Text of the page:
Republicans Poised to Claim Key House Committee Chairs
Policy + Politics

Republicans Poised to Claim Key House Committee Chairs

Caitlin Curran / The Fiscal Times

Tuesday’s midterm elections are almost certain to usher in dramatic changes in the leadership of key spending, tax and financial oversight committees, as senior Republicans who have sharply differed with the Obama administration replace powerful Democratic chairmen.

If the Republicans take back control of the House, as most political analysts are predicting, the chief panels responsible for drafting all major money and financial legislation will be dominated by a combination of conservative young turks eager to slash spending and cut taxes, and older leaders more resistant to change.

  • On the Budget Committee, firebrand Rep. Paul Ryan, R-Wis., author of a far-reaching budget "roadmap" that calls for partially privatizing Social Security and turning Medicare into a voucher program, would likely take over from moderate Democrat John Spratt of South Carolina.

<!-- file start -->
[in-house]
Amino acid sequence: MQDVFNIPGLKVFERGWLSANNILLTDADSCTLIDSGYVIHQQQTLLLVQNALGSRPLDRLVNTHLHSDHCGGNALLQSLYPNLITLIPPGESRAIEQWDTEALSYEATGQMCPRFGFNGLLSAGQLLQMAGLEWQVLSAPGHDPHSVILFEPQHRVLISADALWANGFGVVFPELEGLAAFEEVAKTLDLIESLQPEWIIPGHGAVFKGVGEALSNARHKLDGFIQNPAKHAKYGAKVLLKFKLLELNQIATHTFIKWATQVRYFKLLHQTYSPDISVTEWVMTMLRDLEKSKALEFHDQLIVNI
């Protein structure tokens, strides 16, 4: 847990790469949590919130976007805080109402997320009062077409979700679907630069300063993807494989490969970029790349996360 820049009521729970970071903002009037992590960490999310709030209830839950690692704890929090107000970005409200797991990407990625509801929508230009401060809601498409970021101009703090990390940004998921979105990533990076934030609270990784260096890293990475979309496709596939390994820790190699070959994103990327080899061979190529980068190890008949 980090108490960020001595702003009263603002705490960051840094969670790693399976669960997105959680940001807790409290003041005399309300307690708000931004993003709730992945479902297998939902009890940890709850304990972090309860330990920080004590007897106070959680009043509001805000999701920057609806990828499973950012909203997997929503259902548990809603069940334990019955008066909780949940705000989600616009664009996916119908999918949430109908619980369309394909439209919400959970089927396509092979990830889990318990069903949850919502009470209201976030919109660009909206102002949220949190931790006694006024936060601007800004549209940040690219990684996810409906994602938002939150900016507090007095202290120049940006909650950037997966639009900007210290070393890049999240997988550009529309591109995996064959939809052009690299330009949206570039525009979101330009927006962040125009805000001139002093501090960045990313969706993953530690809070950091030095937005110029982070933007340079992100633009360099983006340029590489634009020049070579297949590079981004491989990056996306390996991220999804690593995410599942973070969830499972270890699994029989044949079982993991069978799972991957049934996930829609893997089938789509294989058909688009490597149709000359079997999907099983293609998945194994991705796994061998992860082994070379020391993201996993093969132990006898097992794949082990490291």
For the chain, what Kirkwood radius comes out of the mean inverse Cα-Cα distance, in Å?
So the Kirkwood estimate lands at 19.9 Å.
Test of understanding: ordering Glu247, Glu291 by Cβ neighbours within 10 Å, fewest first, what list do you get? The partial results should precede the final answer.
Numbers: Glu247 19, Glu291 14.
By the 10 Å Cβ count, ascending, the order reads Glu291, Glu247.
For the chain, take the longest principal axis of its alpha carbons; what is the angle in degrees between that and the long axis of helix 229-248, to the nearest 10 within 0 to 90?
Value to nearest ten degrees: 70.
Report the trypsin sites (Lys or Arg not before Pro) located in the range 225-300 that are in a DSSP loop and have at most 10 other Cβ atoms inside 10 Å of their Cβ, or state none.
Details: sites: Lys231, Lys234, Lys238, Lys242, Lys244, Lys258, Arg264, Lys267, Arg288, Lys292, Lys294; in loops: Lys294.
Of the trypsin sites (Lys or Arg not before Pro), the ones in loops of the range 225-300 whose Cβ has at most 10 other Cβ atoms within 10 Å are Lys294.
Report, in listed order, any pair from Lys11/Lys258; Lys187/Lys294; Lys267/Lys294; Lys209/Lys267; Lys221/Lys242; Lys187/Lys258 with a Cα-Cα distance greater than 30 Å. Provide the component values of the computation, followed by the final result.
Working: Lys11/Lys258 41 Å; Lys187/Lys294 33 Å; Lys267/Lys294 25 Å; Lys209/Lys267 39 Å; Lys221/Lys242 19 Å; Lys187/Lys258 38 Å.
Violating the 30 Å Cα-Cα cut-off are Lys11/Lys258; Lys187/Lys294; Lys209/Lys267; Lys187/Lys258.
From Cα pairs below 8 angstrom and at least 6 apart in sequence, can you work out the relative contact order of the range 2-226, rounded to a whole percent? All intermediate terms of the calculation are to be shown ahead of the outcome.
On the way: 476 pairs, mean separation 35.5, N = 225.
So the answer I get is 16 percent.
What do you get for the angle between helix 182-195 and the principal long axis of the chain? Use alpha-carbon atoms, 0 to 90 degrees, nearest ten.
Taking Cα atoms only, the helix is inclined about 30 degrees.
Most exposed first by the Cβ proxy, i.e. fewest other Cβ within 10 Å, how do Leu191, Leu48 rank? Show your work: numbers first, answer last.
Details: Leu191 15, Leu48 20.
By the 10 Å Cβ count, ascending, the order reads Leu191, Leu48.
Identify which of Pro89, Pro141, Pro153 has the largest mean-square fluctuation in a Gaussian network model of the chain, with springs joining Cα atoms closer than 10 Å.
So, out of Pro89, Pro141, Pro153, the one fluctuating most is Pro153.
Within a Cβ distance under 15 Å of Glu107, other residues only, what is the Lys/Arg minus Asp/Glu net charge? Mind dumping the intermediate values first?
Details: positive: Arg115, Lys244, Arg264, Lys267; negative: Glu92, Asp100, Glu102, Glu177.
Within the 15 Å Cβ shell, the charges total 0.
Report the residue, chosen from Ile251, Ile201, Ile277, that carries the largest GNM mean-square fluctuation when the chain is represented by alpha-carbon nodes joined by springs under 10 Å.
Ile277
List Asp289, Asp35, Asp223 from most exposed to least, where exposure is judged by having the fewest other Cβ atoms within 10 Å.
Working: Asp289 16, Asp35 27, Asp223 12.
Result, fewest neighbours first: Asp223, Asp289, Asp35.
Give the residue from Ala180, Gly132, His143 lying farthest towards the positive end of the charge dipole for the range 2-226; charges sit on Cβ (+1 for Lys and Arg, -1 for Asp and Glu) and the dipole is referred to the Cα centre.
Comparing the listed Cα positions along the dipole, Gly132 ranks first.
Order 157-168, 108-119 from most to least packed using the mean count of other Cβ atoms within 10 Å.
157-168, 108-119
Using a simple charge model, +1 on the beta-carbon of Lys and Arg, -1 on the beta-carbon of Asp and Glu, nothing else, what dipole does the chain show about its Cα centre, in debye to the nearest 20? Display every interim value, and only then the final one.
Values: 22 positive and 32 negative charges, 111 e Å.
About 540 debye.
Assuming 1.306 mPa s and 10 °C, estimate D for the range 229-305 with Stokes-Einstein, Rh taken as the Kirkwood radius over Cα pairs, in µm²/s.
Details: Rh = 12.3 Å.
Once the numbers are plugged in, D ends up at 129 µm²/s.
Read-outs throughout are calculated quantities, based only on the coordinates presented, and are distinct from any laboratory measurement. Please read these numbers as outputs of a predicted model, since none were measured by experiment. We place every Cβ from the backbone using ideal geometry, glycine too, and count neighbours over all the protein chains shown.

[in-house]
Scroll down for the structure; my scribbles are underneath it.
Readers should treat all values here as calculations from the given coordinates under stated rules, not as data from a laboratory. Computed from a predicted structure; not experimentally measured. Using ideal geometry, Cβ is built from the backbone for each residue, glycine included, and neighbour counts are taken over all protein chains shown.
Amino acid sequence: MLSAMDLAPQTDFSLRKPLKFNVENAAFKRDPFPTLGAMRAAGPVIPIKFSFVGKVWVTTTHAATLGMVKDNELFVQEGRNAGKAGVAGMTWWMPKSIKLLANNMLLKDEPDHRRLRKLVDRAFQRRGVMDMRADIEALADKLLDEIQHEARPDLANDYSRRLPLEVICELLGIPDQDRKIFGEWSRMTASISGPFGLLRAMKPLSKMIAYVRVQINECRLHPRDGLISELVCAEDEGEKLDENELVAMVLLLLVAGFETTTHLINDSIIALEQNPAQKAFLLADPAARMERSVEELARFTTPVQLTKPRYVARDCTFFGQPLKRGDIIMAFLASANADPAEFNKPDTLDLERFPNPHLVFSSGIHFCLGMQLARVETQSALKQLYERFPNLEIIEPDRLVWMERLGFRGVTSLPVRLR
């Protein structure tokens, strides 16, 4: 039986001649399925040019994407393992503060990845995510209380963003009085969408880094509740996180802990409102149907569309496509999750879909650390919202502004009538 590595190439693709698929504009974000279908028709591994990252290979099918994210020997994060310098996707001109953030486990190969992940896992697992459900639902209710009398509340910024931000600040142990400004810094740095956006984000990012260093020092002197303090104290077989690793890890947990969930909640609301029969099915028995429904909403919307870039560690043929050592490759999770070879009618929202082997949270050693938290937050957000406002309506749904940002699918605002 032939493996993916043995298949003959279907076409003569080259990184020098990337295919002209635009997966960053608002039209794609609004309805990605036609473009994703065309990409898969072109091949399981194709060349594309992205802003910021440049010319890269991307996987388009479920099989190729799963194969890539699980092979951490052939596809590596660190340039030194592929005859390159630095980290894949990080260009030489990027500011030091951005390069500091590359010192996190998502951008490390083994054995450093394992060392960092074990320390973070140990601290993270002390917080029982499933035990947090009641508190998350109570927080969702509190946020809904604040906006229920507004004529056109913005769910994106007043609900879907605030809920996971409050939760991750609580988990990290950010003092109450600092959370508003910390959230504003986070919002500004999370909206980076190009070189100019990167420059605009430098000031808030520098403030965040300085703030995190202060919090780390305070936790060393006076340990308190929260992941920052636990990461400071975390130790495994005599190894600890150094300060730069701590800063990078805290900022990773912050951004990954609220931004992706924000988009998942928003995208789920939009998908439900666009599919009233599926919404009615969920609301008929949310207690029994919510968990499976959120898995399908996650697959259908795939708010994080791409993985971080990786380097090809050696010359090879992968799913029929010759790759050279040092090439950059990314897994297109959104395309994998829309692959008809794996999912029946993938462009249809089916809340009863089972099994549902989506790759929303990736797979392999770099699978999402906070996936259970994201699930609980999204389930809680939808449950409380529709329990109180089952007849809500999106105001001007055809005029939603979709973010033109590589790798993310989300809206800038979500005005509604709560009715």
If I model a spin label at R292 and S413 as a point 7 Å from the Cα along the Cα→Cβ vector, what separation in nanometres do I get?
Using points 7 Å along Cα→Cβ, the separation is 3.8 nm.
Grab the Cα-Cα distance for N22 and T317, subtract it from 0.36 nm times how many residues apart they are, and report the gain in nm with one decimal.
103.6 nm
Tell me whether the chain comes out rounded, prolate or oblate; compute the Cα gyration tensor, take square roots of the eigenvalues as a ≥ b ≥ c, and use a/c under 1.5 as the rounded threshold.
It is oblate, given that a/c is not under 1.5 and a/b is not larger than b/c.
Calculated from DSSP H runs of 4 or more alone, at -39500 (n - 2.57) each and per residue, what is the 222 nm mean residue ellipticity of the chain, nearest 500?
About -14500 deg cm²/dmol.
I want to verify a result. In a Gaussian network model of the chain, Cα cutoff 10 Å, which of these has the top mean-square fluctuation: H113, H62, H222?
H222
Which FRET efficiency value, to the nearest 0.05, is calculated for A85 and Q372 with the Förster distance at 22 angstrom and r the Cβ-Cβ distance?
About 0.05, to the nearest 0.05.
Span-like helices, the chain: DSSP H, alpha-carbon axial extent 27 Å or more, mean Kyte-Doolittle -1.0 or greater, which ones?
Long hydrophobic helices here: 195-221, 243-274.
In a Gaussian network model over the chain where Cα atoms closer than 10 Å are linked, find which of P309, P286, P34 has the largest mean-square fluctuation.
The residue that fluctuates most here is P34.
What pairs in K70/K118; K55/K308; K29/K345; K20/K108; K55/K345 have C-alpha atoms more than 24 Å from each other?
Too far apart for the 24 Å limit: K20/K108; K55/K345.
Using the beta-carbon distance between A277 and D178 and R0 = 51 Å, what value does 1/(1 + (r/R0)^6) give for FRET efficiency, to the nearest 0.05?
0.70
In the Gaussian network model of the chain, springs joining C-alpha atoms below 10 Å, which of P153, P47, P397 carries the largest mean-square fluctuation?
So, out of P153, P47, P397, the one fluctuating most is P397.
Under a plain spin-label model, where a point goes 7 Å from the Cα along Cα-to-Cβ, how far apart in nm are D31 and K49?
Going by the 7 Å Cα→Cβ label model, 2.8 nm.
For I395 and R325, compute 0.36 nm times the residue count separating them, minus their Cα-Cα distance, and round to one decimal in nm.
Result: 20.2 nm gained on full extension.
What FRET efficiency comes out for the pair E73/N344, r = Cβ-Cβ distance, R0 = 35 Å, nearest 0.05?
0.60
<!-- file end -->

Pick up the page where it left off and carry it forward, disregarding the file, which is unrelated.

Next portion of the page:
• On Appropriations, Rep. Jerry Lewis of California, a former chairman in the mid-1990s, when the Republicans last held sway, is in line to regain the gavel from Rep. David Obey, D-Wis., a prominent liberal who is retiring. Lewis is the product of an era of bipartisan back-scratching and earmarks, although aides say he will have no choice but to take a tougher line on spending in the new Congress.
  • At Ways and Means, Rep. Dave Camp, R-Mich., a wily veteran, would take over from a fellow Michigander, Democrat Sander Levin. Camp is known as a cooperative lawmaker and a deal-cutter. He worked closely with former White House Chief of Staff Rahm Emanuel when Emanuel was a House member from Chicago to expand tax credits for education costs and make improvements in the Hope scholarships for low-income students. Camp favors making Bush-era tax cuts permanent for all income groups.